Our latest database trial is likely to be of great interest to social science, politics and world history students, the Central and Eastern European Online Library.
CEEOL is a leading provider of academic e-journals and e-books in the Humanities and Social Sciences from and about Central and Eastern Europe. In the rapidly changing digital sphere CEEOL is a reliable source of adjusting expertise trusted by scholars, publishers and librarians. Currently, over 600 publishers entrust CEEOL with their high-quality journals and e-books. CEEOL provides scholars, researchers and students with access to a wide range of academic content in a constantly growing, dynamic repository. Currently, CEEOL covers more than 1.100 journals and 350.000 articles.
To begin searching go to www.ceeol.com – access is via IP address and the trial runs to 17th November 2017.
We welcome feedback – good or bad – on this trial, please contact Steve Corn – email@example.com – with your comments.
This month we’re trialling Race Relations in America, an in-depth resource that should be of great interest to social scientists, historians and budding politicians.
Based at Fisk University from 1943-1970, the Race Relations Department and its annual Institute were set up by the American Missionary Association to investigate problem areas in race relations and develop methods for educating communities and preventing conflict.
Documenting three pivotal decades in the fight for civil rights, this resource showcases the speeches, reports, surveys and analyses produced by the Department’s staff and Institute participants, including Charles S. Johnson, Dr Martin Luther King, Jr., and Thurgood Marshall.
Social science students may find the latest database trial of considerable interest.
The Archives of Sexuality & Gender, LGBTQ History and Culture Since 1940 is the largest collection available in support of the study of gender and sexuality, enables scholars to make new connections in LGBTQ history and activism, cultural studies, psychology, health, political science, policy studies, and other related areas of research.
This February we’re trialling a historical database exploring the history and social implications of slavery and the slave trade.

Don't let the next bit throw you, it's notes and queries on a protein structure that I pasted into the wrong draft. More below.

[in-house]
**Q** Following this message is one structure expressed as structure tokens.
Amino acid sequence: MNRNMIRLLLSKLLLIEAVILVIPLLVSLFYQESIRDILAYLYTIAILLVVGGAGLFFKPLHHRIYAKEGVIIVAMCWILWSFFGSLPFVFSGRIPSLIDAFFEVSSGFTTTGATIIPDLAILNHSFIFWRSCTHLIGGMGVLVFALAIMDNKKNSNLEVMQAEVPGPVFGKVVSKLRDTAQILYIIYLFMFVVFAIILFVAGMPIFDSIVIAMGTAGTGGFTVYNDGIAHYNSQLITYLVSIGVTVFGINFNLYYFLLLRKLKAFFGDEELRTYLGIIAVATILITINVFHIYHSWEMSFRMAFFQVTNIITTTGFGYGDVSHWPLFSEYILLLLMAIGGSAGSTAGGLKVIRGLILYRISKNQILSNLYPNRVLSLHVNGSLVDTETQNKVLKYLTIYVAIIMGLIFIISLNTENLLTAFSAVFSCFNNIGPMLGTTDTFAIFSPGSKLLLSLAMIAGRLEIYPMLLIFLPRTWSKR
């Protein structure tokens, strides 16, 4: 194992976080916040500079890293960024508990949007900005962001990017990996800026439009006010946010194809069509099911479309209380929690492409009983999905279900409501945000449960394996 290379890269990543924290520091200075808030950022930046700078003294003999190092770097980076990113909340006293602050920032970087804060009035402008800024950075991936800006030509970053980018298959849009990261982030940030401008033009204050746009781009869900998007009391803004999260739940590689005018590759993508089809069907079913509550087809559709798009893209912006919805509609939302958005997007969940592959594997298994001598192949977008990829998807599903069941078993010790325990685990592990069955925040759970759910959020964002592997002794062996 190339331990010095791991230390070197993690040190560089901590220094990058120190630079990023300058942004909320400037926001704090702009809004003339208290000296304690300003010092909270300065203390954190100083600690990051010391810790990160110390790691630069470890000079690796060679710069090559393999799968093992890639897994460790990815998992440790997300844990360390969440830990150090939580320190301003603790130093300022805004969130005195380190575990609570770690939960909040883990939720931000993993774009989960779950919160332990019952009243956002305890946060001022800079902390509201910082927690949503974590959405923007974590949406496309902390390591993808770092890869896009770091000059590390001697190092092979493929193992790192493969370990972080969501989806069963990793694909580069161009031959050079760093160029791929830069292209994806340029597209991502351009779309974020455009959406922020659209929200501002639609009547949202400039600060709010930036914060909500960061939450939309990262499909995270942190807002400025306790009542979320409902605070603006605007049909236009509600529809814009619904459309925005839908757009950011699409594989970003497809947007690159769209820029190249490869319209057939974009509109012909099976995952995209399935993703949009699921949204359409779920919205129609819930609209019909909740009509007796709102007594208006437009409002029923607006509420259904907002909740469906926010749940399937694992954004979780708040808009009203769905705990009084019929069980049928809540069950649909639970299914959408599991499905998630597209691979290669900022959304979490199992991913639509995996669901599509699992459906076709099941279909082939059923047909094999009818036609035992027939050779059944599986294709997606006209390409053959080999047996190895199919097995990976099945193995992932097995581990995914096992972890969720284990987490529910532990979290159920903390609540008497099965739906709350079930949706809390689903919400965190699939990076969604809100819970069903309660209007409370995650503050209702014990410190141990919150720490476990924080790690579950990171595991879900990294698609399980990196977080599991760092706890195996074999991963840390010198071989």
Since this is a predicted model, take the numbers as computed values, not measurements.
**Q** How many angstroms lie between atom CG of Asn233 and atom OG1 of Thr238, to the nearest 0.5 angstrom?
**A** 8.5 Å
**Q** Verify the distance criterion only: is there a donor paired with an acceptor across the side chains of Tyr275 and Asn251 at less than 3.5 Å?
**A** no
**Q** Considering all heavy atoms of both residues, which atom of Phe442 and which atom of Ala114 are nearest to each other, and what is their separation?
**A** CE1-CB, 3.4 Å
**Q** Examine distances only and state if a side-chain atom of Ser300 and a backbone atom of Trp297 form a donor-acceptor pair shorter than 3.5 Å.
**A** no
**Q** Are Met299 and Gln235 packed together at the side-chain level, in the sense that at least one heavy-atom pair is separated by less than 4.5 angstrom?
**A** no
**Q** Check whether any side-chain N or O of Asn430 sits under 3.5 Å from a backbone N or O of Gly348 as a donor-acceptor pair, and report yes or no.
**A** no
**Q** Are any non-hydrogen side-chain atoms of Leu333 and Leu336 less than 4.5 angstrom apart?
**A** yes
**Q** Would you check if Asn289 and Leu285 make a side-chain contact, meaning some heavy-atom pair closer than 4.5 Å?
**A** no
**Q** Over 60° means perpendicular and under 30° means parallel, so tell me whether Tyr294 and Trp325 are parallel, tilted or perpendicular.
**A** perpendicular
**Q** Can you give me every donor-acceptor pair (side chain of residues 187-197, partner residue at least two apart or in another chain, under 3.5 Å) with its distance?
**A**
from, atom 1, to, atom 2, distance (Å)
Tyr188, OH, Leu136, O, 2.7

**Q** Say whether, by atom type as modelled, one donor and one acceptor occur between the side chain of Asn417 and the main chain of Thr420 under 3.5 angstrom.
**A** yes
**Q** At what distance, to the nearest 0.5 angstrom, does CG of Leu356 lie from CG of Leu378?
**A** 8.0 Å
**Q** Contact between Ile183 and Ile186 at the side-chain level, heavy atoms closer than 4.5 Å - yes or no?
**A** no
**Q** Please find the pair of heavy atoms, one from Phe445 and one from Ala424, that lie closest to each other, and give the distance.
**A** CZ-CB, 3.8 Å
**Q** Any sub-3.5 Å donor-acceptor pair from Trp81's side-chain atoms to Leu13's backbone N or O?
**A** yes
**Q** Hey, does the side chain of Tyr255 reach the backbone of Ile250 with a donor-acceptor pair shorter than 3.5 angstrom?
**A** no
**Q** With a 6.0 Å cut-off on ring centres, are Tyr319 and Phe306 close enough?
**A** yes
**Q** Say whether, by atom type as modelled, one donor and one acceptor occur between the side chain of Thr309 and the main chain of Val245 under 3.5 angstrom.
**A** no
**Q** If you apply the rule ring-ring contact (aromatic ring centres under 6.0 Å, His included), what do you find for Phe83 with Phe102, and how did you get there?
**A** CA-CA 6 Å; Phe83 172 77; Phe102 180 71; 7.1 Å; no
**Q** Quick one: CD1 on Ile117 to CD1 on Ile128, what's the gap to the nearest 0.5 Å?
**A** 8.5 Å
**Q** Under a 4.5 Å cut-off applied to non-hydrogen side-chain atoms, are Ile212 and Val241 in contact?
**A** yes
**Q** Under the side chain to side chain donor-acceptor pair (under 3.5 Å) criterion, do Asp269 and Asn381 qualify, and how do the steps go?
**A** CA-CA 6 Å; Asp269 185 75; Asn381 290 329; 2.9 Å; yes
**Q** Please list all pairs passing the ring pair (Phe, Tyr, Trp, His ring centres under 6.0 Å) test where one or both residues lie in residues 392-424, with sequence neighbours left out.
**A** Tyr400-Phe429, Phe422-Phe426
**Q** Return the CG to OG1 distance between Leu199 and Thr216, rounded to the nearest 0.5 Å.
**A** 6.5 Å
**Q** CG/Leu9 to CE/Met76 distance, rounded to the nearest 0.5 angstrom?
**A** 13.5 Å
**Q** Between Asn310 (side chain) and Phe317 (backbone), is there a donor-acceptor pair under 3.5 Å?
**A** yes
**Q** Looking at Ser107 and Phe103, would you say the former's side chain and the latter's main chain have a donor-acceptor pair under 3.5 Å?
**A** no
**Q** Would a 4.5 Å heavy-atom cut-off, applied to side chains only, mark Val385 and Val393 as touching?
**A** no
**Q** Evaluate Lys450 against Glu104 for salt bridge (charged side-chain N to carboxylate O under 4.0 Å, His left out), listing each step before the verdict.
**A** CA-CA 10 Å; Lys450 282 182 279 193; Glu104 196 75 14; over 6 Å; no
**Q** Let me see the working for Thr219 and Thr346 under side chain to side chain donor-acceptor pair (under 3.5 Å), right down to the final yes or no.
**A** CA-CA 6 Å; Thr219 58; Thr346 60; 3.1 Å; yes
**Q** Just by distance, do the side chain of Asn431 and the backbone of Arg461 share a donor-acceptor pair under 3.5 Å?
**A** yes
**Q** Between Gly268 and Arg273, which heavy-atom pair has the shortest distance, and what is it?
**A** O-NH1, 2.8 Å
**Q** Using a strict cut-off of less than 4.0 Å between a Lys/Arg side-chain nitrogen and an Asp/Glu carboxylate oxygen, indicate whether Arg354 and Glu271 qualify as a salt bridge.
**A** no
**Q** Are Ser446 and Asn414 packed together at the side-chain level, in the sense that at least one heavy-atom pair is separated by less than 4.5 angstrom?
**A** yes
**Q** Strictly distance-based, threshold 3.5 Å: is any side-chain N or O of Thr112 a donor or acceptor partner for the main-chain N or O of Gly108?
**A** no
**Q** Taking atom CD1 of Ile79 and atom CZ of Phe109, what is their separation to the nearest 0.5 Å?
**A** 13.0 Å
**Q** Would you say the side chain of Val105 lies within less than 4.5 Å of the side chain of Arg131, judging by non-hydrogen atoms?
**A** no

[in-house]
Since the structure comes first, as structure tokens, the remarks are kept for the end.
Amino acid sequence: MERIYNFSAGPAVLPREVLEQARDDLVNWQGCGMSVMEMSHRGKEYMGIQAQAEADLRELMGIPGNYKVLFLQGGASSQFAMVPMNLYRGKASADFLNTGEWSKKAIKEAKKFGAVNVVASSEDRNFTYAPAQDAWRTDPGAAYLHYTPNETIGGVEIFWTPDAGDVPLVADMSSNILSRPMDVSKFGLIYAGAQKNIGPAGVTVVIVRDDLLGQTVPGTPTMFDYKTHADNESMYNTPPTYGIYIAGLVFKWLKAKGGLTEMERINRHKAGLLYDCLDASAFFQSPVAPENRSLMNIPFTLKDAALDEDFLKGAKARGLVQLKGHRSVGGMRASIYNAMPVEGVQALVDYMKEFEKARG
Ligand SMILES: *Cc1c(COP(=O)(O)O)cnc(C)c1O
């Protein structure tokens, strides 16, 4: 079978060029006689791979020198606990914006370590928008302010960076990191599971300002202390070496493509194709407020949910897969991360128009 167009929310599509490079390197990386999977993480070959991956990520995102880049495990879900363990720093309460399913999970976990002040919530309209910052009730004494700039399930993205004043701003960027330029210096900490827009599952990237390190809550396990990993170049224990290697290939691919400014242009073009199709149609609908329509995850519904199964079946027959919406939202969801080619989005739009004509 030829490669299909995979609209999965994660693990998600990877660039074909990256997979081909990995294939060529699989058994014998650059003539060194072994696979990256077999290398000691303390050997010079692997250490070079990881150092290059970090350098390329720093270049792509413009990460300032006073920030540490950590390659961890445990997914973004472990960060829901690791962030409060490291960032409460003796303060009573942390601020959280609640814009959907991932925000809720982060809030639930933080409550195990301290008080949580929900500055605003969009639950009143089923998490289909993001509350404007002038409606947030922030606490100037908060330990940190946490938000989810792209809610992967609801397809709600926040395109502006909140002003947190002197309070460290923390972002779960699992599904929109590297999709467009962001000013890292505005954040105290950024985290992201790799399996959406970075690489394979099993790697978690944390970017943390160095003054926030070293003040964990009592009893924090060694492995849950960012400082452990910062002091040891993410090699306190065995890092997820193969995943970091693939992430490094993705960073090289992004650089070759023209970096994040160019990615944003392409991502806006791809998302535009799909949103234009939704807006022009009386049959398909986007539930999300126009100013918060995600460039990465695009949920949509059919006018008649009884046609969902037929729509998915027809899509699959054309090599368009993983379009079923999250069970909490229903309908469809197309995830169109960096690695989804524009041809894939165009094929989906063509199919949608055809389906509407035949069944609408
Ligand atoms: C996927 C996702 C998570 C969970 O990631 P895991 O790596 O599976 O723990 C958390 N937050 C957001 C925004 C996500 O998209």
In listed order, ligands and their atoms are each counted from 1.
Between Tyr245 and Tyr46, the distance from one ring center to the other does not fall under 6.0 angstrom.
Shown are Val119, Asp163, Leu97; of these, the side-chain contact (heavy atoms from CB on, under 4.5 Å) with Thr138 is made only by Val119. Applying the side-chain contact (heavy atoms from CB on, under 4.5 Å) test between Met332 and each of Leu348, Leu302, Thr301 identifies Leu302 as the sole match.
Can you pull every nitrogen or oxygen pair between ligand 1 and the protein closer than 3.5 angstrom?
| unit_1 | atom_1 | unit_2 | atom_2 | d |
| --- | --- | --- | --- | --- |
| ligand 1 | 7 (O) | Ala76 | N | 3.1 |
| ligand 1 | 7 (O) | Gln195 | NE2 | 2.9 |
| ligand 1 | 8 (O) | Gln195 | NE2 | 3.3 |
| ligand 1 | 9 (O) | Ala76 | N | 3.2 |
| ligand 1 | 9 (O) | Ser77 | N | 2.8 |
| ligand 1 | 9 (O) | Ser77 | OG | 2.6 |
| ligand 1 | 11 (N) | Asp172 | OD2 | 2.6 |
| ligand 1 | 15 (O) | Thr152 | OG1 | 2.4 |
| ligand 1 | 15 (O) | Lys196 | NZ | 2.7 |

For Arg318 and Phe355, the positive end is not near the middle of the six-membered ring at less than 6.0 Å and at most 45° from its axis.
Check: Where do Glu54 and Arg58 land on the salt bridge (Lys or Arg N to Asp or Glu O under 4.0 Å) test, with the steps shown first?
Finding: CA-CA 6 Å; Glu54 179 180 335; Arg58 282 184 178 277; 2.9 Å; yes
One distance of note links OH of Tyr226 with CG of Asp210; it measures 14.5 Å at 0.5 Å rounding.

Slavery, Abolition and Social Justice is designed as an important portal for slavery and abolition studies, bringing together documents and collections covering an extensive time period, between 1490 and 2007, from libraries and archives across the Atlantic world. Close attention is given to the varieties of slavery, the legacy of slavery, the social-justice perspective and the continued existence of slavery today.
As today marks the anniversary of the issue of the first US patent – way back in 1790, to a Mr Samuel Hopkins for his invention of a potash production technique, no less – what better time to remind people of our access to a broad range of useful online patent information available through our own Library Catalogue Plus?
Today is World Press Freedom Day, UNESCO’s annual awareness raising celebration of the fundamental importance of the freedom of the press and the right to freedom of expression as enshrined in the Universal Declation of Human Rights.
The event, which celebrates its 20th anniversary this year, is held on this date to mark the Declaration of Windhoek, a statement of press freedom principles compiled by African journalists in 1991 which is regarded as a landmark in the ongoing battle for global press freedom as both a fundamental human right and an essential cornerstone of democracy.
In the UK press freedom has come into much scrutiny in recent years following the findings of the Leveson Enquiry into the culture, practices and ethics of the British press following the News International hacking scandal which first came to light in 2005, and that has resulted in the closure of the News of the World paper in 2011 after 168 years in print, and several on-going high-profile court cases. The government and the newspaper industry remain locked in a bitter dispute about how to implement press reforms in the light of it.
We have a copy of the Leveson Inquiry in our High Demand section on Level 3. We also have many books on the subject of press freedom among our collection, as well as access to vast fund of electronic newspaper archives among our newspaper databases on Library Catalogue Plus, including the Times Digital Archive, the Daily Mirror Archive, and of course Nexis UK, which offers comprehensive coverage of UK, European and US newspapers.
The Library’s next Database in Focus session takes place on Wednesday 16th February from 2PM until 3.30PM in Library Training Room 1, and the database under the microscope on this occasion is Westlaw UK.
Although it may sound like a dodgy 1960’s TV western, Westlaw UK is in fact one of the best Law databases around. It provides access to full-text, up-to-date, UK, EU and international legislation, case-law and full-text journal articles, plus a current awareness section arranged by subject which is updated three times a day.
It also contains the Legal Journals Index, which is the most comprehensive index of UK legal journals (some of which are contained within Westlaw itself). You can access international legal materials, especially US case law, legislation and full-text journals and multi-national materials by clicking on the ‘Westlaw International’ link and then ‘Directory’ link and ‘All Westlaw databases’. You can browse and search hundreds of resources from here.
A representative from the company who hosts the database will be leading the session and will take you through how to get the best out of it.
To book to attend this session:
Staff – either through Staff Development’s booking system, or turn up on the day.
Students – no need to book, just turn up on the day.
Please note in order to access Westlaw UK you will need to know your Athens username and password.